By Alyssa Kapasi
On Wednesday, May 23, United States District Judge for the Southern District of New York Naomi Reice Buchwald issued a ruling in the case of Knight First Amendment Institute at Columbia University, Rebecca Buckwalter, Philip Cohen, Holly Figueroa, Eugene Gu, Brandon Neely, Joseph Papp, and Nicholas Pappas v. Donald J. Trump and Daniel Scavino. She “considered whether a public official may, consistent with the First Amendment, ‘block’ a person from his Twitter account in response to the political views that person has expressed, and whether the analysis differs because that public official is the President of the United States.” and determined that the answer to both questions is no.
The plaintiffs were The Knight First Amendment Institute at Columbia University and a group of individuals who were blocked by President Donald Trump’s @realDonaldTrump twitter account for criticizing his actions. Judge Buchwald determined that President Trump’s blocking critics on Twitter is unconstitutional because the “portions of the @realDonaldTrump account — the “interactive space” where Twitter users may directly engage with the content of the President’s tweets — are properly analyzed under the “public forum” doctrines set forth by the Supreme Court, that such space is a designated public forum, and that the blocking of the plaintiffs based on their political speech constitutes viewpoint discrimination that violates the First Amendment.”
According to David Folkenflik at NPR, former White House Communications Director Hope Hicks and White House Press Secretary Sarah Huckabee Sanders were originally listed as defendants but were removed when Ms. Hicks left the White House and when Judge Buchwald determined that Ms. Sanders did not contribute to the free speech violations. President Trump and White House Director of Social Media Scavino argued that President Trump only used his twitter account for personal matters, but Judge Buchwald rejected this notion because President Trump“uses the account to take actions that can be taken only by the president as president.”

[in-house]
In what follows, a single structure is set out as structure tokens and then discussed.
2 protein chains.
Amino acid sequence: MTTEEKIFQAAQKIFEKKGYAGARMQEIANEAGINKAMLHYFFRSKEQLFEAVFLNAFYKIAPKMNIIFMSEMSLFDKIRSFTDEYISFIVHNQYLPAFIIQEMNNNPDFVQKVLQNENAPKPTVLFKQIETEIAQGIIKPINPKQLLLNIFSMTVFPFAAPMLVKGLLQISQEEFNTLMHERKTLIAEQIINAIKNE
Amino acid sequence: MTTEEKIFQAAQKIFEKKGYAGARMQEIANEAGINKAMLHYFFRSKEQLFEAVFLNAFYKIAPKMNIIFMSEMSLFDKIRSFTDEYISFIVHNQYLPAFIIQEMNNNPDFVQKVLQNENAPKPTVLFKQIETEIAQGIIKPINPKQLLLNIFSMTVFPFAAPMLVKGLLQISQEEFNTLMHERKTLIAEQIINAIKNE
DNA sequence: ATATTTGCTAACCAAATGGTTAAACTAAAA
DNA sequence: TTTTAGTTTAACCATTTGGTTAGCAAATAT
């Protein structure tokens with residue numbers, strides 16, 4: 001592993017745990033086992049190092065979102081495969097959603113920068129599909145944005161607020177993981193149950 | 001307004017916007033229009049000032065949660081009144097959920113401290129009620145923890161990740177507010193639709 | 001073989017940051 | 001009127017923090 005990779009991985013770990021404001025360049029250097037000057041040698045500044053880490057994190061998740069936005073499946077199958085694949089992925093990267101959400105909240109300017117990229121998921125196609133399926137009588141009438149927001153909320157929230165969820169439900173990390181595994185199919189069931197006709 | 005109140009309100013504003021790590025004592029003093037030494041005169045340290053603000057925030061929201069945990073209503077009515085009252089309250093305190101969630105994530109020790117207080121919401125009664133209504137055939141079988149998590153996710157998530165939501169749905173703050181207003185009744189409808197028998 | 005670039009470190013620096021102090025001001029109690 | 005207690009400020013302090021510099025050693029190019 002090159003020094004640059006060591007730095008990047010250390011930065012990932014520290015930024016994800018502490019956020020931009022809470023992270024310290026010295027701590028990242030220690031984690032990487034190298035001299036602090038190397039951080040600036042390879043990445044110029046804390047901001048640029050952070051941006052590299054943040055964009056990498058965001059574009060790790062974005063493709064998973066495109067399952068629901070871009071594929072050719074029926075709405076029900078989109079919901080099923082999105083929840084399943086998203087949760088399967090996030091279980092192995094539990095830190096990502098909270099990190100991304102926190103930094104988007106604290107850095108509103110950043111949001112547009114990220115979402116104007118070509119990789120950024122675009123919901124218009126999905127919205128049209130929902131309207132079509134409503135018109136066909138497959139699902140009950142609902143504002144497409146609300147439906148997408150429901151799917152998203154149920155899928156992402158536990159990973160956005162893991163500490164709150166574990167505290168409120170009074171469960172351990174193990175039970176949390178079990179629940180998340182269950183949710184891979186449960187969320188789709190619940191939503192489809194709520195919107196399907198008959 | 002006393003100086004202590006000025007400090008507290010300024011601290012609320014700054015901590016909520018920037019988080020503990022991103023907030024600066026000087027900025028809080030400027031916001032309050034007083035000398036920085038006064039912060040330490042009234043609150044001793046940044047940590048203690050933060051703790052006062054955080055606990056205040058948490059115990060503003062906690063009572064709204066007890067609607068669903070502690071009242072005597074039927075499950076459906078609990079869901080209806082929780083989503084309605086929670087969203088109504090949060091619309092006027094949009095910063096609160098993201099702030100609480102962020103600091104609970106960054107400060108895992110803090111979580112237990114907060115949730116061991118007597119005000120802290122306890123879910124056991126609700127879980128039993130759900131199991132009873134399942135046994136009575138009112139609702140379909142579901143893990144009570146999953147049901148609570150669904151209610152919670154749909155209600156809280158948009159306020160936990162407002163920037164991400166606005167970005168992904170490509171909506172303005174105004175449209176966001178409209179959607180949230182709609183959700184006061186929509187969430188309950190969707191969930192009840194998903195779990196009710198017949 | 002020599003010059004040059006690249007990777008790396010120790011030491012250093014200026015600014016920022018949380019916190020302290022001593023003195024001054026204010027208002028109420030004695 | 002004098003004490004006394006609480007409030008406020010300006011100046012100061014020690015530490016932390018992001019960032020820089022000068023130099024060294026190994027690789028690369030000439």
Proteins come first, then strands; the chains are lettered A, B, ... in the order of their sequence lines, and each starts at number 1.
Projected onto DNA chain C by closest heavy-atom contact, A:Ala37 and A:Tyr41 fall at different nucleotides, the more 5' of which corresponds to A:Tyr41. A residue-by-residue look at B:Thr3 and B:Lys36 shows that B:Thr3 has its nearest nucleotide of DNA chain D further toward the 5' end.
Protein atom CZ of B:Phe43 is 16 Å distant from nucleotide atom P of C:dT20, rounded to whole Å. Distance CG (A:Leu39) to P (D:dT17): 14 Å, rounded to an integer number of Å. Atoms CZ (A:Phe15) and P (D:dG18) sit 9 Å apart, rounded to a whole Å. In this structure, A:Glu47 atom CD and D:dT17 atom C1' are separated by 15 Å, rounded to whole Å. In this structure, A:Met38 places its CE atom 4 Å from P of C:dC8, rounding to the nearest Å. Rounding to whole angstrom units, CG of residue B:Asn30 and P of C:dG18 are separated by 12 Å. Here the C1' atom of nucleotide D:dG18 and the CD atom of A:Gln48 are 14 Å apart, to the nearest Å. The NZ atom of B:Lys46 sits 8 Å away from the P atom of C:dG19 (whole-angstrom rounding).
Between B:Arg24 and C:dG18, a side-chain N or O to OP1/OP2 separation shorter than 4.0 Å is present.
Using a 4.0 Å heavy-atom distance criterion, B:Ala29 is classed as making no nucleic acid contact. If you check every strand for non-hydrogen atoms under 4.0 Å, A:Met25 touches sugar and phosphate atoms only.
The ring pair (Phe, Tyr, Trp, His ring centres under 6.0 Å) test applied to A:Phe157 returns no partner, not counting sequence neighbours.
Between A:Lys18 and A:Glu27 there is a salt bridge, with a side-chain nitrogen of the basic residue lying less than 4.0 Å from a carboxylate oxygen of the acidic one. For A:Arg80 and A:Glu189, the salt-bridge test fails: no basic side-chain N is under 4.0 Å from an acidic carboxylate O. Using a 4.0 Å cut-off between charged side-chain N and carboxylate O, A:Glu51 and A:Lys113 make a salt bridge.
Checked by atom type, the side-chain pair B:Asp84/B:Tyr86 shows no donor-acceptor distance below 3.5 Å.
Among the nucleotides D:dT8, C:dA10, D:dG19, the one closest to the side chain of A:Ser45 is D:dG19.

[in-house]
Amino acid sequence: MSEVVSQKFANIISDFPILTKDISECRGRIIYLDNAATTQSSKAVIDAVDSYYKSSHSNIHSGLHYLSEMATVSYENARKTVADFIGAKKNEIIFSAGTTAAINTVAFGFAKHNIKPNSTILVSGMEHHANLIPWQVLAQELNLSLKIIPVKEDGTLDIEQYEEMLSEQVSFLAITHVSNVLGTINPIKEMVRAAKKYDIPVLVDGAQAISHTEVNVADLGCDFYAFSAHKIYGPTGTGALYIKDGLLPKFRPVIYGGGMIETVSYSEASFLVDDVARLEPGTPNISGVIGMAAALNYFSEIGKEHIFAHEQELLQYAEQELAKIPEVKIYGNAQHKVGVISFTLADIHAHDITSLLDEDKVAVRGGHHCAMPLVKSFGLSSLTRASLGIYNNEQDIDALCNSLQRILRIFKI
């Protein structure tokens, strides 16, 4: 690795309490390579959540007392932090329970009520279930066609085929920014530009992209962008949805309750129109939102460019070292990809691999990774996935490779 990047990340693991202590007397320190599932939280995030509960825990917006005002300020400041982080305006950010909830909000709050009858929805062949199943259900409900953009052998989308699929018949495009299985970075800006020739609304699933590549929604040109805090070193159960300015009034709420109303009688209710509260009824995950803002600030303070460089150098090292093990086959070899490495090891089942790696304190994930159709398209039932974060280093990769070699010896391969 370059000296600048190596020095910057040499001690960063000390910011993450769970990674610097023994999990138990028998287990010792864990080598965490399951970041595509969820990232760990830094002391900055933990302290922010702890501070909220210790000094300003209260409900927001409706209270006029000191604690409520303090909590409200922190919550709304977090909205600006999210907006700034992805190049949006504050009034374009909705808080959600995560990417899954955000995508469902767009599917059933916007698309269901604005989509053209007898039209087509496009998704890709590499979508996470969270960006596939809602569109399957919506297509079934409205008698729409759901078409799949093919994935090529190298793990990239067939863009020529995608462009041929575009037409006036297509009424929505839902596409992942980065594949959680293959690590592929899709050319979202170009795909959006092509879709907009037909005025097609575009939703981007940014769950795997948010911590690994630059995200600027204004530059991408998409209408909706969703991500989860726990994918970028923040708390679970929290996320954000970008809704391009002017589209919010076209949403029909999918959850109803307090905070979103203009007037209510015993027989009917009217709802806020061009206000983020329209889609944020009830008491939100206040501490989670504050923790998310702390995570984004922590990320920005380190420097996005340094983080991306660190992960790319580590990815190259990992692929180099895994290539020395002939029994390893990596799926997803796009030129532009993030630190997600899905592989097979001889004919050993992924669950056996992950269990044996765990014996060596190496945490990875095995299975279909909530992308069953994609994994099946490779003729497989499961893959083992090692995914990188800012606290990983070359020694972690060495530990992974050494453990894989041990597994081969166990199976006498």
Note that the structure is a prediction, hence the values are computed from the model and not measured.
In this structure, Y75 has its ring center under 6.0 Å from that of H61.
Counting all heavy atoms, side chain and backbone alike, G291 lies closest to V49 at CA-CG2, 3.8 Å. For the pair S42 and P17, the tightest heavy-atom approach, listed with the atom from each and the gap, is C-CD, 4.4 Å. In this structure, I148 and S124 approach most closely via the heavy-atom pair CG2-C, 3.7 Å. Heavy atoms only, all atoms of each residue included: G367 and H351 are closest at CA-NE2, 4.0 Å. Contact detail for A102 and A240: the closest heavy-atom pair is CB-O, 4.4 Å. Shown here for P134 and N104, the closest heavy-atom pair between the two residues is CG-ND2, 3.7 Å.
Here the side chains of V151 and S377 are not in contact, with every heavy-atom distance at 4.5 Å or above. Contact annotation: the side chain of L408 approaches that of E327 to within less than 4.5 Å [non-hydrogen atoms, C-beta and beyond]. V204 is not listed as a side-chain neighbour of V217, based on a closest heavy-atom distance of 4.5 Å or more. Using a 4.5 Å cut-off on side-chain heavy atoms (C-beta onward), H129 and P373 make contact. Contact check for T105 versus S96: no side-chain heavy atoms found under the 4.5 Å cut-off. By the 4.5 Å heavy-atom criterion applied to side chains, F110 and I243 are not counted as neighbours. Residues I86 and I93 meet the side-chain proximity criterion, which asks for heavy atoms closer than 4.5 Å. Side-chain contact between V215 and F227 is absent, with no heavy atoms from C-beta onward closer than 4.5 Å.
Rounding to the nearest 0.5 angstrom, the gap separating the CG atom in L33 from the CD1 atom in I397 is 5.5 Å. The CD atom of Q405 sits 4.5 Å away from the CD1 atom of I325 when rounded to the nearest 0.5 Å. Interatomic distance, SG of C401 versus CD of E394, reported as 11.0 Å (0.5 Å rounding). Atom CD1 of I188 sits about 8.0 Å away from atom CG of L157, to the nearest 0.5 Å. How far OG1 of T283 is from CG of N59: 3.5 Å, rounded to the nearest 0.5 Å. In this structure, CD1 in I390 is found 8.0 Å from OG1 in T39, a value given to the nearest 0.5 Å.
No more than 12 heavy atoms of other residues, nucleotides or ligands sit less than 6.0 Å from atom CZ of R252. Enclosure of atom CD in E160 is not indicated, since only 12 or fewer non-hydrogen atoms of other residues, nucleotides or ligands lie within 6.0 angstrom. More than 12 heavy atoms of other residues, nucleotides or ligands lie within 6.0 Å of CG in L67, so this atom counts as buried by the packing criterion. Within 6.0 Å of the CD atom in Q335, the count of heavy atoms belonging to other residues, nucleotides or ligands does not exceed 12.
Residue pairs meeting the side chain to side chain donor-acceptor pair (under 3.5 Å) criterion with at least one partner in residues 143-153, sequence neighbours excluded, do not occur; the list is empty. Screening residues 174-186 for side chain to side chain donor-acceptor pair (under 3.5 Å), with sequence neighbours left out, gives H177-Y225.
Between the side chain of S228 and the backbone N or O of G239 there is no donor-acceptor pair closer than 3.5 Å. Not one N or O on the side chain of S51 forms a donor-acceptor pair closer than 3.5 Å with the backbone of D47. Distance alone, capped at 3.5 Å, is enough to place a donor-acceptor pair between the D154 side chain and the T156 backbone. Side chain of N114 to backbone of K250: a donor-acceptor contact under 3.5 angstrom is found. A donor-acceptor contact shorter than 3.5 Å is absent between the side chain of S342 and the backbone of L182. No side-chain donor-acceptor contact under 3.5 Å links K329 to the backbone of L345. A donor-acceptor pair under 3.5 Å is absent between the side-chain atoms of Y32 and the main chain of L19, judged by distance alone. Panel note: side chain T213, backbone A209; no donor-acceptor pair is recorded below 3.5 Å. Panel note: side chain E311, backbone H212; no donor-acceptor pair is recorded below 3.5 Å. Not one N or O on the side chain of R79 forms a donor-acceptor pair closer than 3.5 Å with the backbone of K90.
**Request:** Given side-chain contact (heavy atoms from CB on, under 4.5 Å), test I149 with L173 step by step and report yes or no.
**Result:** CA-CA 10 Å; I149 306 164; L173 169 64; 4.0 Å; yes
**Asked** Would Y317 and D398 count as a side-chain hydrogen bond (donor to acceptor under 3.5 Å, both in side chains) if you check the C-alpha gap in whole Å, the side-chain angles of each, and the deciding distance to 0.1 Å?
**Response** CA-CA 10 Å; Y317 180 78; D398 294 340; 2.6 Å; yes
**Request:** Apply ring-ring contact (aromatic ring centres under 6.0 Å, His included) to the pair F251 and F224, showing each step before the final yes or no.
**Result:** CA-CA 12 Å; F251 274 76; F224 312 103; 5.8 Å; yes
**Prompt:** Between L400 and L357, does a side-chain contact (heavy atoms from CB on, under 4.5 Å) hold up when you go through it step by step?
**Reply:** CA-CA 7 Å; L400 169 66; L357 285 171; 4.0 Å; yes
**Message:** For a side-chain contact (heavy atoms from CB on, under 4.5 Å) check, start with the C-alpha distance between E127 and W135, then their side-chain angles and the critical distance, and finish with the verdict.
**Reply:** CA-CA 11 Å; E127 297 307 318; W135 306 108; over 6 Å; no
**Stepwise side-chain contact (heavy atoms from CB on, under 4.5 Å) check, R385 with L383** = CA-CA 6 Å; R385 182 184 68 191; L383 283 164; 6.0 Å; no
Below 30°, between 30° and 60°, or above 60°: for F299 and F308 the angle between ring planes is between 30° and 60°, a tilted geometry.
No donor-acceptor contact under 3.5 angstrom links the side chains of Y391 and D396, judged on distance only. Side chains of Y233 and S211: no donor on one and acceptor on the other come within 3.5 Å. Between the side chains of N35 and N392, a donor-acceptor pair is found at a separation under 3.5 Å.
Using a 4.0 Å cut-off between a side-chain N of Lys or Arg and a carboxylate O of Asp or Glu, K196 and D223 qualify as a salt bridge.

Despite ruling that it is unconstitutional for the President to block twitter users, Judge Buchwald did not order an injunction forcing the President to comply with her ruling. New York Times Reporters John Herrman and Charlie Savage speculate that this was done as a show of respect to the separation-of-powers between the judicial and executive branch and the complications that could arise from a Judge ordering the President to complete an action. In fact, Judge Buchwald seemingly offered an alternative solution to the case in a March hearing where she suggested that President Trump had the right to ignore individuals on Twitter using the mute feature.
This case has far reaching implications for politicians and social media platforms as the use of social media has become an increasingly accessible and easy way to communicate with constituents. Herrman and Savage detail how “In April, Gov. Larry Hogan of Maryland settled a lawsuit filed by the American Civil Liberties Union of Maryland and several other plaintiffs who accused him of censorship on government-operated Facebook pages. A similar federal lawsuit filed against Gov. Paul R. LePage of Maine is awaiting a ruling.” The case has already sparked politicians such as Jersey City Mayor Steve Fulop to change their twitter habits. Fulop summarised the implication of the ruling by stating: “I may not like u personally but the law is the law”.
At the time of this piece President Trump has not unblocked anyone.